- Retention efforts.
One of the most important aspects of the successful implementation of an online music theory course is the instructor’s familiarity and knowledge of the “learning management system,” or LMS. Since most of the activity during the class may be enacted through the LMS software, the instructor must be adequately trained and proficient with the LMS system before beginning the process of developing the class. The capabilities of the LMS system, including its pedagogical strengths and weaknesses, should be an integrated part of the instructional design of the course.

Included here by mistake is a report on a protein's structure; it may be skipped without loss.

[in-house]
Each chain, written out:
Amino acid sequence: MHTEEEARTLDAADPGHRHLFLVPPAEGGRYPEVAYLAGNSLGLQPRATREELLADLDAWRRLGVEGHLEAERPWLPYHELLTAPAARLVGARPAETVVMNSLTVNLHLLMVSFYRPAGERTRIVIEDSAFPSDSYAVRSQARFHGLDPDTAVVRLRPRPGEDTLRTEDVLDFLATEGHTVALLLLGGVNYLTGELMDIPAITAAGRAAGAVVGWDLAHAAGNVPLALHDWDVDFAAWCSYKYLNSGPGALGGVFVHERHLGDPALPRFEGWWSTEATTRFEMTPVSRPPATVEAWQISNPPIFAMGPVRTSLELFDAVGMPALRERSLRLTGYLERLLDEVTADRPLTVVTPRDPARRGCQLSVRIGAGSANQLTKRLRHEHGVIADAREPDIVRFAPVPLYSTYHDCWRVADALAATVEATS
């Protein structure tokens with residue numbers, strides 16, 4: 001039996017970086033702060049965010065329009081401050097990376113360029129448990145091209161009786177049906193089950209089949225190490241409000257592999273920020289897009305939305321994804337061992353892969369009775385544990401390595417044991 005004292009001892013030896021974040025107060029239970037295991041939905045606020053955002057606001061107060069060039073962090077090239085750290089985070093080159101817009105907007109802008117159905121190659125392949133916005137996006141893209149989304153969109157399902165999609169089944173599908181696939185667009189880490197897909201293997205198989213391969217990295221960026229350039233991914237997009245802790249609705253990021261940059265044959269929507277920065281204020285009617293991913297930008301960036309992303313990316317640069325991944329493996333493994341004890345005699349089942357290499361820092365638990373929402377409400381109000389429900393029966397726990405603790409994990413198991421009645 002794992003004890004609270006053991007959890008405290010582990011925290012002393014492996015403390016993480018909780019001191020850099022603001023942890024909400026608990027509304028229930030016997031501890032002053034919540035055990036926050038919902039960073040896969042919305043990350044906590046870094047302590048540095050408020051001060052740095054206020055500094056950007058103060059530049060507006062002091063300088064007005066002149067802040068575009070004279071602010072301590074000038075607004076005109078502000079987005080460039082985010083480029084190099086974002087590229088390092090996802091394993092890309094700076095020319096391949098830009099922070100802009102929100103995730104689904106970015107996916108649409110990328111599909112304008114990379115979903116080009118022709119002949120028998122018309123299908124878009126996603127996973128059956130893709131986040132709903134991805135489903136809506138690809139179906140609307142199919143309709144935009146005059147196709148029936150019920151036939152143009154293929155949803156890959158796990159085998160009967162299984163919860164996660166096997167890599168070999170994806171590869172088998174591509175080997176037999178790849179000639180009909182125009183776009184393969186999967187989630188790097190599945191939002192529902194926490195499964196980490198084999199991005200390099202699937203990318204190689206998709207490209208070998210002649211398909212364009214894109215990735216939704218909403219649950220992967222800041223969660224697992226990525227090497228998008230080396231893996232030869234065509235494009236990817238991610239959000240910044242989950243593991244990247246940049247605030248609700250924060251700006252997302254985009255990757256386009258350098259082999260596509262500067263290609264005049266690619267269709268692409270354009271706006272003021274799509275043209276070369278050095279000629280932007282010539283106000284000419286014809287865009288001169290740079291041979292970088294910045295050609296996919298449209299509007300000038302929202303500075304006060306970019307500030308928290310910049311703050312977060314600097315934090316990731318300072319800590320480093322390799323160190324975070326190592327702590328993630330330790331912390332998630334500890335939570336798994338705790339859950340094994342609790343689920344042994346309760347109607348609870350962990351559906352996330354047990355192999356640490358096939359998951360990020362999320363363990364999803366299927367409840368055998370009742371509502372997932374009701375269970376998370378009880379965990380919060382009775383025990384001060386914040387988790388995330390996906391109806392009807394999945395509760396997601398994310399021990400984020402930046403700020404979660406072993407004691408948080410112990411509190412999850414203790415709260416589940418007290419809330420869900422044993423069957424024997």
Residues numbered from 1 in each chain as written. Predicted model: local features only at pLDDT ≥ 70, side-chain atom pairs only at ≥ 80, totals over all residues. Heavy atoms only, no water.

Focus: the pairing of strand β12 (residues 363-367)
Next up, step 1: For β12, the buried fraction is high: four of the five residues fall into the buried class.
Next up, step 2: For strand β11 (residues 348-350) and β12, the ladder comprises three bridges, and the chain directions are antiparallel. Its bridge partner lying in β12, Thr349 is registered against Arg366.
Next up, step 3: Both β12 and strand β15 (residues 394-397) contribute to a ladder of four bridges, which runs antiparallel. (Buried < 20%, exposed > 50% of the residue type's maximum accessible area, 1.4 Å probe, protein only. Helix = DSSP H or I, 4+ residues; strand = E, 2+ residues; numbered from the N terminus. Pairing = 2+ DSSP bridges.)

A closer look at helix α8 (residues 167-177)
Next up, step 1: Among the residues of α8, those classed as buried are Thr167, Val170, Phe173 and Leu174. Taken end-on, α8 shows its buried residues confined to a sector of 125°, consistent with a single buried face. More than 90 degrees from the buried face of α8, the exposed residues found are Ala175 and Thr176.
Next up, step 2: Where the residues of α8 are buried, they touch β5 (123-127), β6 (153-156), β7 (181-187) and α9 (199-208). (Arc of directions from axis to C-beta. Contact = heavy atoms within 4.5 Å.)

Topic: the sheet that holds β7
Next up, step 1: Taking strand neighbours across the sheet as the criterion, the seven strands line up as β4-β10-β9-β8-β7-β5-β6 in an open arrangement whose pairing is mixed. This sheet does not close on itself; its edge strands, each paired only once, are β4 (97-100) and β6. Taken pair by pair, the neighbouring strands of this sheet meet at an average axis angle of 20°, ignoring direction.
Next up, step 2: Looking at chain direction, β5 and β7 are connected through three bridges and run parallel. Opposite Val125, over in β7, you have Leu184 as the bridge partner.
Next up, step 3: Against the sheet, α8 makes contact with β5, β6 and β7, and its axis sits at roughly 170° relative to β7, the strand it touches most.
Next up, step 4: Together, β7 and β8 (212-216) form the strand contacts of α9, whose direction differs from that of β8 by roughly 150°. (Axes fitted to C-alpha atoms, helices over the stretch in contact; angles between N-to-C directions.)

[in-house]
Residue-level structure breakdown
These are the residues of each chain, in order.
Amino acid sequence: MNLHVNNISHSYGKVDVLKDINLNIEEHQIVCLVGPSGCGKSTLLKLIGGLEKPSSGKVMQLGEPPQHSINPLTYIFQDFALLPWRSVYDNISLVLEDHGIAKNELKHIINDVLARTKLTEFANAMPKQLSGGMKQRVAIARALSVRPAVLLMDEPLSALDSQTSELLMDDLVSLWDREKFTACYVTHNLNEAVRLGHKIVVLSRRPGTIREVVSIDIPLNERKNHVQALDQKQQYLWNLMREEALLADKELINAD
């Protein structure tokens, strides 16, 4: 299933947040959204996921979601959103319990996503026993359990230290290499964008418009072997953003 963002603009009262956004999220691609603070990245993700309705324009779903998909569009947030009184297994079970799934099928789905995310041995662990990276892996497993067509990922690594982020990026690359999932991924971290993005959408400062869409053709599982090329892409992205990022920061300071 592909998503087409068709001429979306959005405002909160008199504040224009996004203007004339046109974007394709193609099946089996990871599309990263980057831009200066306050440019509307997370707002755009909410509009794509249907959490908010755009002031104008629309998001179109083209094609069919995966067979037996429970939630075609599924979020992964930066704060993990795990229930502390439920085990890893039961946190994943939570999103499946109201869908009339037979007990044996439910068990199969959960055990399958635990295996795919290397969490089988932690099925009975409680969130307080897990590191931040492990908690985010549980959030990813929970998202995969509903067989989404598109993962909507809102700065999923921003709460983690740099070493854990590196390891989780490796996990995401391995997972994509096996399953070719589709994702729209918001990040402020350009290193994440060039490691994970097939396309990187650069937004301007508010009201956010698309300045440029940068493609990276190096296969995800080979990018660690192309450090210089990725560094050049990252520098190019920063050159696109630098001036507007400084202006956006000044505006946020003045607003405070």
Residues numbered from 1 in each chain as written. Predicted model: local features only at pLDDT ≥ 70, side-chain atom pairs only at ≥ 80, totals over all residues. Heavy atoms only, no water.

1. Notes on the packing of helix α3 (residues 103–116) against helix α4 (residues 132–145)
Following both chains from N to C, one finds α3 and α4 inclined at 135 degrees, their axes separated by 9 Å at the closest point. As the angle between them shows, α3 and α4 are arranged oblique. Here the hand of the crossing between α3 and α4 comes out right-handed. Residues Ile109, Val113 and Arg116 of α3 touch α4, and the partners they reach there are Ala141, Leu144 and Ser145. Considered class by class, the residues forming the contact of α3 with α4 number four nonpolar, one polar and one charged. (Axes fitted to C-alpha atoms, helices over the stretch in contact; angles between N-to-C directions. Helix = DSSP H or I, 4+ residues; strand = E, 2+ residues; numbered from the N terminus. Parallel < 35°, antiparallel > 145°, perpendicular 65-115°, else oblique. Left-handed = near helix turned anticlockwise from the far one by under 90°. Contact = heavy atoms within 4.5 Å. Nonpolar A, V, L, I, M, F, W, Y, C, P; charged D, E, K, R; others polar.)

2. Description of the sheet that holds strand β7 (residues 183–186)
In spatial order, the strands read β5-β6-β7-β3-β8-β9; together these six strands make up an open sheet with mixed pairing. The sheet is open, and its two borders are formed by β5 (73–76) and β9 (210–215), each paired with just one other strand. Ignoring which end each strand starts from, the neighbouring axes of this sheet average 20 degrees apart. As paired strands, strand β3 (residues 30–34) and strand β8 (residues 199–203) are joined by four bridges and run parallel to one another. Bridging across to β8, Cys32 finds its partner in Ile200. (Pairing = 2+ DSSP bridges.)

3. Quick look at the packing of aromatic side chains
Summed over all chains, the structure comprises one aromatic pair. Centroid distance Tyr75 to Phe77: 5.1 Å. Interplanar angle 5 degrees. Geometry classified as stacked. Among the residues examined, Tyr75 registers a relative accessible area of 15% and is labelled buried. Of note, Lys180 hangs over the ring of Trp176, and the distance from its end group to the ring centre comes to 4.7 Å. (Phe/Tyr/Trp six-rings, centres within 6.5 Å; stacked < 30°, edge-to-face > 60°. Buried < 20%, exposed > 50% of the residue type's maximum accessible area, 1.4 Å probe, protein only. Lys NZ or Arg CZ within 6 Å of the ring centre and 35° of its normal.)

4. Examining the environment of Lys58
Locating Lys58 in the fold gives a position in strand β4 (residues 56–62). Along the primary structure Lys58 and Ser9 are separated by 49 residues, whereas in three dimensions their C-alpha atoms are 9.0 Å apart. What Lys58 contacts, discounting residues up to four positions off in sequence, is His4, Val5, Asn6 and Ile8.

Perhaps the most significant contributing factor to the general user experience from the viewpoint of the students in an online music theory class will derive from the usability and functionality of the LMS software. Often the selection of the LMS software is determined at the campus, system, or university level. Top-level administrators may have a better awareness of the technical aspects of LMS software than they do of the more practical educational and pedagogical aspects of these systems (Ellis & Calvo 2007). In some cases department level administrators, or instructors, may have the option of choosing between two or more LMS software packages when developing or teaching an individual course. In 2013, BLACKBOARD,4 the most widely used commercially available LMS system, maintained a 41% market share,5 although a number of competing systems were rapidly gaining new customers. Early versions of BLACKBOARD were widely reported to incur serious, and at times critical, usability problems, especially for the instructors and developers who attempted to use the system to deliver innovative methods of content delivery to the students. The CANVAS6 learning management system is rapidly expanding to many colleges and universities and provides a flexible platform for the development and implementation of complex or creative instructional approaches or procedures. CANVAS is a comprehensive cloud-native software package that delivers an intuitive and user-friendly interface.